Smack dab in the middle of a sunny Thursday afternoon, I barked into the telephone, loudly scheduling a tee time. “Yes, 2:30 will work,” I told the lady. “I’ll be golfing alone. See you then.”
Jealous of my lifestyle, my co-workers ribbed me a bit as I packed for an early end to the workday.
To hell with them. To hell with work. I was going golfing.
I don’t fit many—or possibly any—of the clichés that could be attached to a person who knocks off work early to hit the muni’ for nine holes. I don’t own golf clubs. Three years have passed since the ping of my driver last sent a little white ball deep into the bushes, never to be found again. I don’t even have a fancy car; in fact, on this particular day, I didn’t have any car.
So I saddled my 1987 Trek bicycle and began huffing my way toward the Bonneville Municipal Golf Course. My first stop was a 7-Eleven, where I bought a six-pack of beer and a New York Times.
My backpack loaded to capacity, I motored toward 800 South, which winds steeply uphill into Sunnyside Avenue. Just across Foothill Drive is the golf course, at 954 Connor St. Sweating and wheezing, I pedaled into the parking lot, past the pasture of SUVs, Mercedes Benzes and other sparkling machines to the clubhouse. Failing to find a bike rack, I fastened my ride to a rain gutter.
Inside, a group of women wearing matching teal shirts chattered over a pitcher of beer. The air conditioner was on, the water fountain was cold and the voice of a male announcer hummed on the television, tuned to the golf channel.
A nice lady checked me in. She gave me the lookover I’d expected. My Wrangler blue jeans, hiking boots and beard were not very golfy, but she was nice enough to treat me like any other guy who golfs during business hours on a weekday. I rented a pair of clubs for $15. Four used balls and a bag full of teas cost $5. The cart and the greens fees were paid for by City Weekly, but if you were to skip work early and pick up nine holes on the boss’ time, it’d run you $18.50, plus $7 bucks for the cart.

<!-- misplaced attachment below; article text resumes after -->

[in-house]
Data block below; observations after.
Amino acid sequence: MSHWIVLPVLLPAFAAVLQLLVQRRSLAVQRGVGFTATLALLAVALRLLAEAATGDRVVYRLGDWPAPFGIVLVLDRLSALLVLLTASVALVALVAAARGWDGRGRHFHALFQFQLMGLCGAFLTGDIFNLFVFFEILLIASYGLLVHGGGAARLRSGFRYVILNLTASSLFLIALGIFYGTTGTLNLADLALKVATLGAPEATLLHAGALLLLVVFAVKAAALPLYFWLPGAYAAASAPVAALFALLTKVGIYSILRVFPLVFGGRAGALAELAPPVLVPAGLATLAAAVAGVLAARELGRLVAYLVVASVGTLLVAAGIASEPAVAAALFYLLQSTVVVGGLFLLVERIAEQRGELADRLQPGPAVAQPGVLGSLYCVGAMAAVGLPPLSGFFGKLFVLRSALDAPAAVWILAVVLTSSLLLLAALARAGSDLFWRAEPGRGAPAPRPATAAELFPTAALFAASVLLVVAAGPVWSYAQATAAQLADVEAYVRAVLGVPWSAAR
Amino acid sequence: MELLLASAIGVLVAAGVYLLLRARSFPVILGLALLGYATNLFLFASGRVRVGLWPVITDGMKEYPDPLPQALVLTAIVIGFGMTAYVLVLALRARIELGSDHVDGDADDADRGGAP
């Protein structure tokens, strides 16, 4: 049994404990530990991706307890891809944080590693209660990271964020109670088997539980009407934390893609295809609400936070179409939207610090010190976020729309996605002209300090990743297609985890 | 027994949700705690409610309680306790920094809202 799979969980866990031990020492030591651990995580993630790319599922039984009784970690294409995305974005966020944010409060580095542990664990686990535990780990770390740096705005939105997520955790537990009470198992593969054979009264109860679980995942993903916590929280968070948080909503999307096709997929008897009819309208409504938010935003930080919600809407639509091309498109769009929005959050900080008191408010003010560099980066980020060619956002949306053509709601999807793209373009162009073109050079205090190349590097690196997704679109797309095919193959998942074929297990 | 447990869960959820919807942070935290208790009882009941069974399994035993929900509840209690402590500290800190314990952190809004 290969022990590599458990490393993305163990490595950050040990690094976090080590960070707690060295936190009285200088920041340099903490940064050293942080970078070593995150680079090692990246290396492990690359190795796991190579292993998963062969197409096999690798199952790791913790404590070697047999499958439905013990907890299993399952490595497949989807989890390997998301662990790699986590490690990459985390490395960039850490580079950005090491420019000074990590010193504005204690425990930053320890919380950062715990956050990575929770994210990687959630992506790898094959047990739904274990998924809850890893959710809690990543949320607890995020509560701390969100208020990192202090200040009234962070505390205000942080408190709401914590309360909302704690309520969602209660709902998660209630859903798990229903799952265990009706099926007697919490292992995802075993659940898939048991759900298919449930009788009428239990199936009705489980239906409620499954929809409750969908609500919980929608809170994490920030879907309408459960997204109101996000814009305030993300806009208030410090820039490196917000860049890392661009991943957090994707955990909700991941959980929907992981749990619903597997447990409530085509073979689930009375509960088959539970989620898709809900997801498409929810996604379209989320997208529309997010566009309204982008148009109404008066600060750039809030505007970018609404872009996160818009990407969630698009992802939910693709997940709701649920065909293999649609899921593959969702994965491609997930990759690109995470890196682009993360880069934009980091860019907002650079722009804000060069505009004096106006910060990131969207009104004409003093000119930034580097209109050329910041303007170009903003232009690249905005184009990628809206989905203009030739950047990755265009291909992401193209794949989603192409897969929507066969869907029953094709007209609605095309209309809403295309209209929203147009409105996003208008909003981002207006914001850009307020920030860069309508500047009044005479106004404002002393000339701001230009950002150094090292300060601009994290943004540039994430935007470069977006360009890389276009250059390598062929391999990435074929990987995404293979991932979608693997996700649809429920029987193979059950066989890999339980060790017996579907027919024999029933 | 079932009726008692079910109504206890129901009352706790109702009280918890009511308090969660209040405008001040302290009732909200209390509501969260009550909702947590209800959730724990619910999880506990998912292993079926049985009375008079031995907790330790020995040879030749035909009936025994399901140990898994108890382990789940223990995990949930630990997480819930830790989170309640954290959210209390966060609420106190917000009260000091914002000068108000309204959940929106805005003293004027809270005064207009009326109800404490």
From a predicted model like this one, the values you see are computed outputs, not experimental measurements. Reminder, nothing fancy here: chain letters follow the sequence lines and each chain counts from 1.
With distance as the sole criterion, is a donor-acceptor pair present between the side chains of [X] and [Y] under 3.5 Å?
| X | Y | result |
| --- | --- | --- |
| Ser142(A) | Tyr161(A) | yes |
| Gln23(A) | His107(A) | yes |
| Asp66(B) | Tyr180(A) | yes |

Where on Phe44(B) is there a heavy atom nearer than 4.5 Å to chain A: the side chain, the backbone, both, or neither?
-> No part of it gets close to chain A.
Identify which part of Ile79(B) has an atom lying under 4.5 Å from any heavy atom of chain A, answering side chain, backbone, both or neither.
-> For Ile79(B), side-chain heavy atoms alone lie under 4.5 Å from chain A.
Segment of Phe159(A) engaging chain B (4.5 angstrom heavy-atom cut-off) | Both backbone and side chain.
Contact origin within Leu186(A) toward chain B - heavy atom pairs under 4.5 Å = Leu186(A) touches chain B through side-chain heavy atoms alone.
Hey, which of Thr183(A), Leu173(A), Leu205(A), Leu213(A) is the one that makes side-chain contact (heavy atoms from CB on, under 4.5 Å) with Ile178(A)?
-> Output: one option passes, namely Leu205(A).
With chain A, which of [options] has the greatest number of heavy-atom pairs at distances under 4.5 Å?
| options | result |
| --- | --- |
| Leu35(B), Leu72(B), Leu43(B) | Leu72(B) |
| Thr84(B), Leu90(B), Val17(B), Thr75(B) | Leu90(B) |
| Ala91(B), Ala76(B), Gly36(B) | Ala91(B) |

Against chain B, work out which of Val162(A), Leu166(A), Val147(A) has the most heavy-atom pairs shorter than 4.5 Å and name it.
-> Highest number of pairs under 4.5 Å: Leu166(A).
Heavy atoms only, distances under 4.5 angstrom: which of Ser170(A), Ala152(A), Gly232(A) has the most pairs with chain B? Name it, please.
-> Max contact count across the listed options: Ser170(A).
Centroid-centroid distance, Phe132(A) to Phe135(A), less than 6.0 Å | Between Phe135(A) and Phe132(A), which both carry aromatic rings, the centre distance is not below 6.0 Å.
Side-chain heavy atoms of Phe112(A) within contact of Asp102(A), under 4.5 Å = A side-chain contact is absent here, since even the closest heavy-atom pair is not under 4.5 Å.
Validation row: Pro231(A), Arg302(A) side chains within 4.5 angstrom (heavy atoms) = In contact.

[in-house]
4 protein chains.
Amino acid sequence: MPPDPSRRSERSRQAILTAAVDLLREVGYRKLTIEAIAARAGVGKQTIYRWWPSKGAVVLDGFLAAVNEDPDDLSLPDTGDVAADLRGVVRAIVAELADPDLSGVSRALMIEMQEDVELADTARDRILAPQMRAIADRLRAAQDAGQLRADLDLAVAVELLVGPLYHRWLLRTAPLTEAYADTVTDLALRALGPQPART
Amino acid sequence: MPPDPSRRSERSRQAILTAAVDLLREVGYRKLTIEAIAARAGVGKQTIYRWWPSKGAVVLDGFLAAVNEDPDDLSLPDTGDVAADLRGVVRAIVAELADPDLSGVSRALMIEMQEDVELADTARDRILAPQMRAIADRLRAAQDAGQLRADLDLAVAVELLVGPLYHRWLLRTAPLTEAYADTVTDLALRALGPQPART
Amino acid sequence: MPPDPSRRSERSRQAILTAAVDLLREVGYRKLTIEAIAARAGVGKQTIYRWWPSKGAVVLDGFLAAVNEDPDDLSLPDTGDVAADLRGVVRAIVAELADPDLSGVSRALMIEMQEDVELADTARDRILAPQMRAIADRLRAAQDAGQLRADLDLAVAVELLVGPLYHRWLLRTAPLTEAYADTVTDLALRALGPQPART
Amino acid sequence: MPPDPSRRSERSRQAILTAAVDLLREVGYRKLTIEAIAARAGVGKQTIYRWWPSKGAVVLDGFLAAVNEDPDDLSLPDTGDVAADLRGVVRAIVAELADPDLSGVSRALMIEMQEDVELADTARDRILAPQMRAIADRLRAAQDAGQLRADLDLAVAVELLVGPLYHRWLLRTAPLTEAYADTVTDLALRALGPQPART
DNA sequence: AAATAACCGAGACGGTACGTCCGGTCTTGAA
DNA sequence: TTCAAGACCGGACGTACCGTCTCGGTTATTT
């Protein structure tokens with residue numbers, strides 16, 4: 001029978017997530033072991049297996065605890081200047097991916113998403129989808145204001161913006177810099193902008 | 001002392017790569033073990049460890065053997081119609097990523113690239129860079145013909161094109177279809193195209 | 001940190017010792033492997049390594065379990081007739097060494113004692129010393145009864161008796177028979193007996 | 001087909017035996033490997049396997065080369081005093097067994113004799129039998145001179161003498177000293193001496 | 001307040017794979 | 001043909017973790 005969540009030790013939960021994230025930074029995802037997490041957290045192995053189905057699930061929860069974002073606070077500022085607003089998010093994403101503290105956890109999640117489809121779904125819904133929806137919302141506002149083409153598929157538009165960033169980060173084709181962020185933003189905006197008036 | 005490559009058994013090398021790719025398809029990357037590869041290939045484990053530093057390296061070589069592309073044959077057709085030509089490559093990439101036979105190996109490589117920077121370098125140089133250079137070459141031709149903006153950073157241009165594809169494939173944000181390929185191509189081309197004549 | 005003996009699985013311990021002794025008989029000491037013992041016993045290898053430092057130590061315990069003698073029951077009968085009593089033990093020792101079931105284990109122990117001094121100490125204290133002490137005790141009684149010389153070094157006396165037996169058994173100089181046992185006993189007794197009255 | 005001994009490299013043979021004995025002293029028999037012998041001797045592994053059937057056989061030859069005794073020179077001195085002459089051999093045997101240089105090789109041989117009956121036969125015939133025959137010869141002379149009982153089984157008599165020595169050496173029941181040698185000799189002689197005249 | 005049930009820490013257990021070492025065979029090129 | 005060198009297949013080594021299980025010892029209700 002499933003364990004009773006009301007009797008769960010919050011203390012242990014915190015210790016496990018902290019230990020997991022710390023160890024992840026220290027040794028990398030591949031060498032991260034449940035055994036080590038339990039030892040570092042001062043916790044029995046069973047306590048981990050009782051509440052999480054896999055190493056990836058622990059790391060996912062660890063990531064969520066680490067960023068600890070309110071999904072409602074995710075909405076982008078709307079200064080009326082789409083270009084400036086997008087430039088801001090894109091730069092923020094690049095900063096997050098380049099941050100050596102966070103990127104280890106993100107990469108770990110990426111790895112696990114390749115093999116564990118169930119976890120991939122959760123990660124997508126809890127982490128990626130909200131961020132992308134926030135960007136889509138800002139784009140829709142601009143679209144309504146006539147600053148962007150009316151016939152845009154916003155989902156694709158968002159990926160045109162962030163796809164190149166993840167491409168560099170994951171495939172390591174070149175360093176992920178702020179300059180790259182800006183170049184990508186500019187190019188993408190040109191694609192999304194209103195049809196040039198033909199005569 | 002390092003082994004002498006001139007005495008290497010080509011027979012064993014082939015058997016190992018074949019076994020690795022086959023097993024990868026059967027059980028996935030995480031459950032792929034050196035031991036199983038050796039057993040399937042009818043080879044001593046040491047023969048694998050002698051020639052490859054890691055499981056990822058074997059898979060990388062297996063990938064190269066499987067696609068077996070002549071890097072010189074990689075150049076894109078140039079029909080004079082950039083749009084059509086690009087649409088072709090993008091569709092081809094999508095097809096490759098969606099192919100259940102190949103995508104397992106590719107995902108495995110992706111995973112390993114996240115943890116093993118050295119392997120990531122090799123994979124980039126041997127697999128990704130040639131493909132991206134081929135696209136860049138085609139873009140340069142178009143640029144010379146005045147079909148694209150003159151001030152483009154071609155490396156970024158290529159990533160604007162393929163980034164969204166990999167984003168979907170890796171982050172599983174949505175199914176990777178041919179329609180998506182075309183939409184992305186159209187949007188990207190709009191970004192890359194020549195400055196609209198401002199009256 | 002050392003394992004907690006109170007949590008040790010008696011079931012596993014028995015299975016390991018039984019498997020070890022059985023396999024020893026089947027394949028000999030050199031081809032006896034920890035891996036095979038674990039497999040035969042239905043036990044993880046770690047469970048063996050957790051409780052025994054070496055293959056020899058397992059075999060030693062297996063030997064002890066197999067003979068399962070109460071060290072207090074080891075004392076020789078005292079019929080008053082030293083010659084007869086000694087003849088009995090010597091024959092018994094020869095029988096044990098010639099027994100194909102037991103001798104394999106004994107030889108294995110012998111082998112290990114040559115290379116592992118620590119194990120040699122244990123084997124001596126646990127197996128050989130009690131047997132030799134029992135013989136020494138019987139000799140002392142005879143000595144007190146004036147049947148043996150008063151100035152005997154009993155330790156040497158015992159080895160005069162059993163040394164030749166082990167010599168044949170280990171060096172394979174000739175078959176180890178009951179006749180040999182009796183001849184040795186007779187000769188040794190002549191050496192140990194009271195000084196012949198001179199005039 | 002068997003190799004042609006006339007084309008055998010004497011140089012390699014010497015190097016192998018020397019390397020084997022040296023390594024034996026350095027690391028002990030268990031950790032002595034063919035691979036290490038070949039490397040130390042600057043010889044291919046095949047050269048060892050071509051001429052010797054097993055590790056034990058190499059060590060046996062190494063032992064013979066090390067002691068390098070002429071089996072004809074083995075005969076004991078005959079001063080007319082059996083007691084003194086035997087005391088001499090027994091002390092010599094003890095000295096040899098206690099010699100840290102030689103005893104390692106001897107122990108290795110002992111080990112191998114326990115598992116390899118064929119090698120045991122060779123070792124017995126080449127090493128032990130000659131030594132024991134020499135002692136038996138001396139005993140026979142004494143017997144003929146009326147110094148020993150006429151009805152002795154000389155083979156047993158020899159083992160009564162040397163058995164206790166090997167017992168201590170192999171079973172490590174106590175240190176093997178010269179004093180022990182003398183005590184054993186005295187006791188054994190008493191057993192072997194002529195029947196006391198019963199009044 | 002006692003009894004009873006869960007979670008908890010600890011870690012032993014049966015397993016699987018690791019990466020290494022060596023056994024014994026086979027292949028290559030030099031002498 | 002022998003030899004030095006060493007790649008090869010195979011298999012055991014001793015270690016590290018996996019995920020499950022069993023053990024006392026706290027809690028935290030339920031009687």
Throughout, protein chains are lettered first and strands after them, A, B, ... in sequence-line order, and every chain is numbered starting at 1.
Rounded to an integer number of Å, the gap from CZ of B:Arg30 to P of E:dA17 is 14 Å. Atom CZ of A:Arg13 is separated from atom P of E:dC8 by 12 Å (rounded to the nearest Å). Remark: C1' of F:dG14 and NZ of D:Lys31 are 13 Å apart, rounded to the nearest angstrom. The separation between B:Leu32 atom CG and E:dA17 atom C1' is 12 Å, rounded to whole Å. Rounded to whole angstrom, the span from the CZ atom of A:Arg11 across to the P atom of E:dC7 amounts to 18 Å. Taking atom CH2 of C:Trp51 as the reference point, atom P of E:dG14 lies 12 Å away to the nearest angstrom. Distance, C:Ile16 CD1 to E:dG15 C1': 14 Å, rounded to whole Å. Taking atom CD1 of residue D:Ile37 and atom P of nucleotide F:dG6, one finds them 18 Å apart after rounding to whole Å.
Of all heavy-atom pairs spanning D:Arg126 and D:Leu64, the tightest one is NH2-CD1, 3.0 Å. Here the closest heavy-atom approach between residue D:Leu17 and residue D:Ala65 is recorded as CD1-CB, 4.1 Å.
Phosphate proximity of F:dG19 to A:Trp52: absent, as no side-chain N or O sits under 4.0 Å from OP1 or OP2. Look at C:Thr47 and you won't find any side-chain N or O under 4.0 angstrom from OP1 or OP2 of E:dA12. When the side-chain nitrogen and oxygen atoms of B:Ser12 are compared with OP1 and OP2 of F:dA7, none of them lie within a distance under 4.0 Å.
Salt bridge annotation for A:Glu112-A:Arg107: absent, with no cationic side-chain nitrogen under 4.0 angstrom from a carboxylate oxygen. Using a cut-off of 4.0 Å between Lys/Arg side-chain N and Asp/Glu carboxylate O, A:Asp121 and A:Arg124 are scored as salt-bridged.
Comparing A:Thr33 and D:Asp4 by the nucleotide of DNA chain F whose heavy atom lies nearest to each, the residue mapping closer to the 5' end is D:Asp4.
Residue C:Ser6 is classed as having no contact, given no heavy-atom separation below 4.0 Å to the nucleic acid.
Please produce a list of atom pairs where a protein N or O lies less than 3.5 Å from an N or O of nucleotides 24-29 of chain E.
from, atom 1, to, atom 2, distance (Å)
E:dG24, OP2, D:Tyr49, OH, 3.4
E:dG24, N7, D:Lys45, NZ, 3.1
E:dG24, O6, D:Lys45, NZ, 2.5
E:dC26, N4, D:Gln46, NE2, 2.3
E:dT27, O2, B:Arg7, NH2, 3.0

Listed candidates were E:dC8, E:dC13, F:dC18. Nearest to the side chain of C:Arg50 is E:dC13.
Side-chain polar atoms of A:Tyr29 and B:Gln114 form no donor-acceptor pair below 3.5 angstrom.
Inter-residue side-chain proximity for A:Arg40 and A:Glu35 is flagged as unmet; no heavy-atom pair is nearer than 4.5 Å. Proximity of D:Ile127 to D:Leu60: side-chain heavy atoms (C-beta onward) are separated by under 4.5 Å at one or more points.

Golfers typically golf in foursomes. Since I was alone, I got paired up with Dennis and Dave, a twosome, and Jarom, a loner like me.
Jarom introduced himself by declaring that he’s a terrible golfer, but acknowledged being a regular at the course. Dennis and Dave looked the part—older gentleman, nice clubs of their own, cackling to each other about business deals. Neither drank beer, and Dave wore a BYU lapel pin that he set down on the putting greens to mark his ball.
None of these men were great golfers—made evident by the fact that after I lucked out on a couple of hits, Dennis remarked that I was “making good contact” and must hit the courses often. Not so, I assured them, as I took a pull of beer and smashed a ball into an adjacent fairway.
Golfing with strangers can be stressful. Everyone watches everybody else—especially on the tee box where the first whack is taken, before the balls are scattered across the fairway. But at that moment of truth, when the ball is teed up and the driver is whizzing through the air, all of these men’s eyes were prying. Even someone who knows how to swing a club would be self-conscious.
For me, the day was a success. I drank several of my beers and one of Jarom’s Coronas. He even let me take a puff off of his cigar. The guy was really into the leisure of it all, even going so far as to disturb the distant moan of lawnmowers and chirping birds with some music on his cell phone. I got a nice pink sunburn on my face. I got some good exercise (from the bike ride, not the golf). And I made par on the sixth hole.
But most importantly, I now know what it feels like to skip work and mingle with the golfers of the Salt Lake Valley—quite nice, especially with many beers in my belly.
Some men and women take this sport very seriously. As I unleashed my bike to leave, I watched a young kid—maybe 16—chip four balls up onto a putting green. He wore shorts, spiked shoes and he had on a pair of those glasses with shades that flip up. He putted the four balls into the hole, looking mighty annoyed when he missed one. Back and forth he went, repeating this process. He seemed like the real deal, practicing like his old man had taught him so he, too, could either make the pros, or at the very least, leave work early.
But for Dave, Dennis, Jarom and me, our goals involved little more than being outside, laughing about how crappy we were, and hitting balls around meticulously manicured grass—stuff I’ll skip work for any time.
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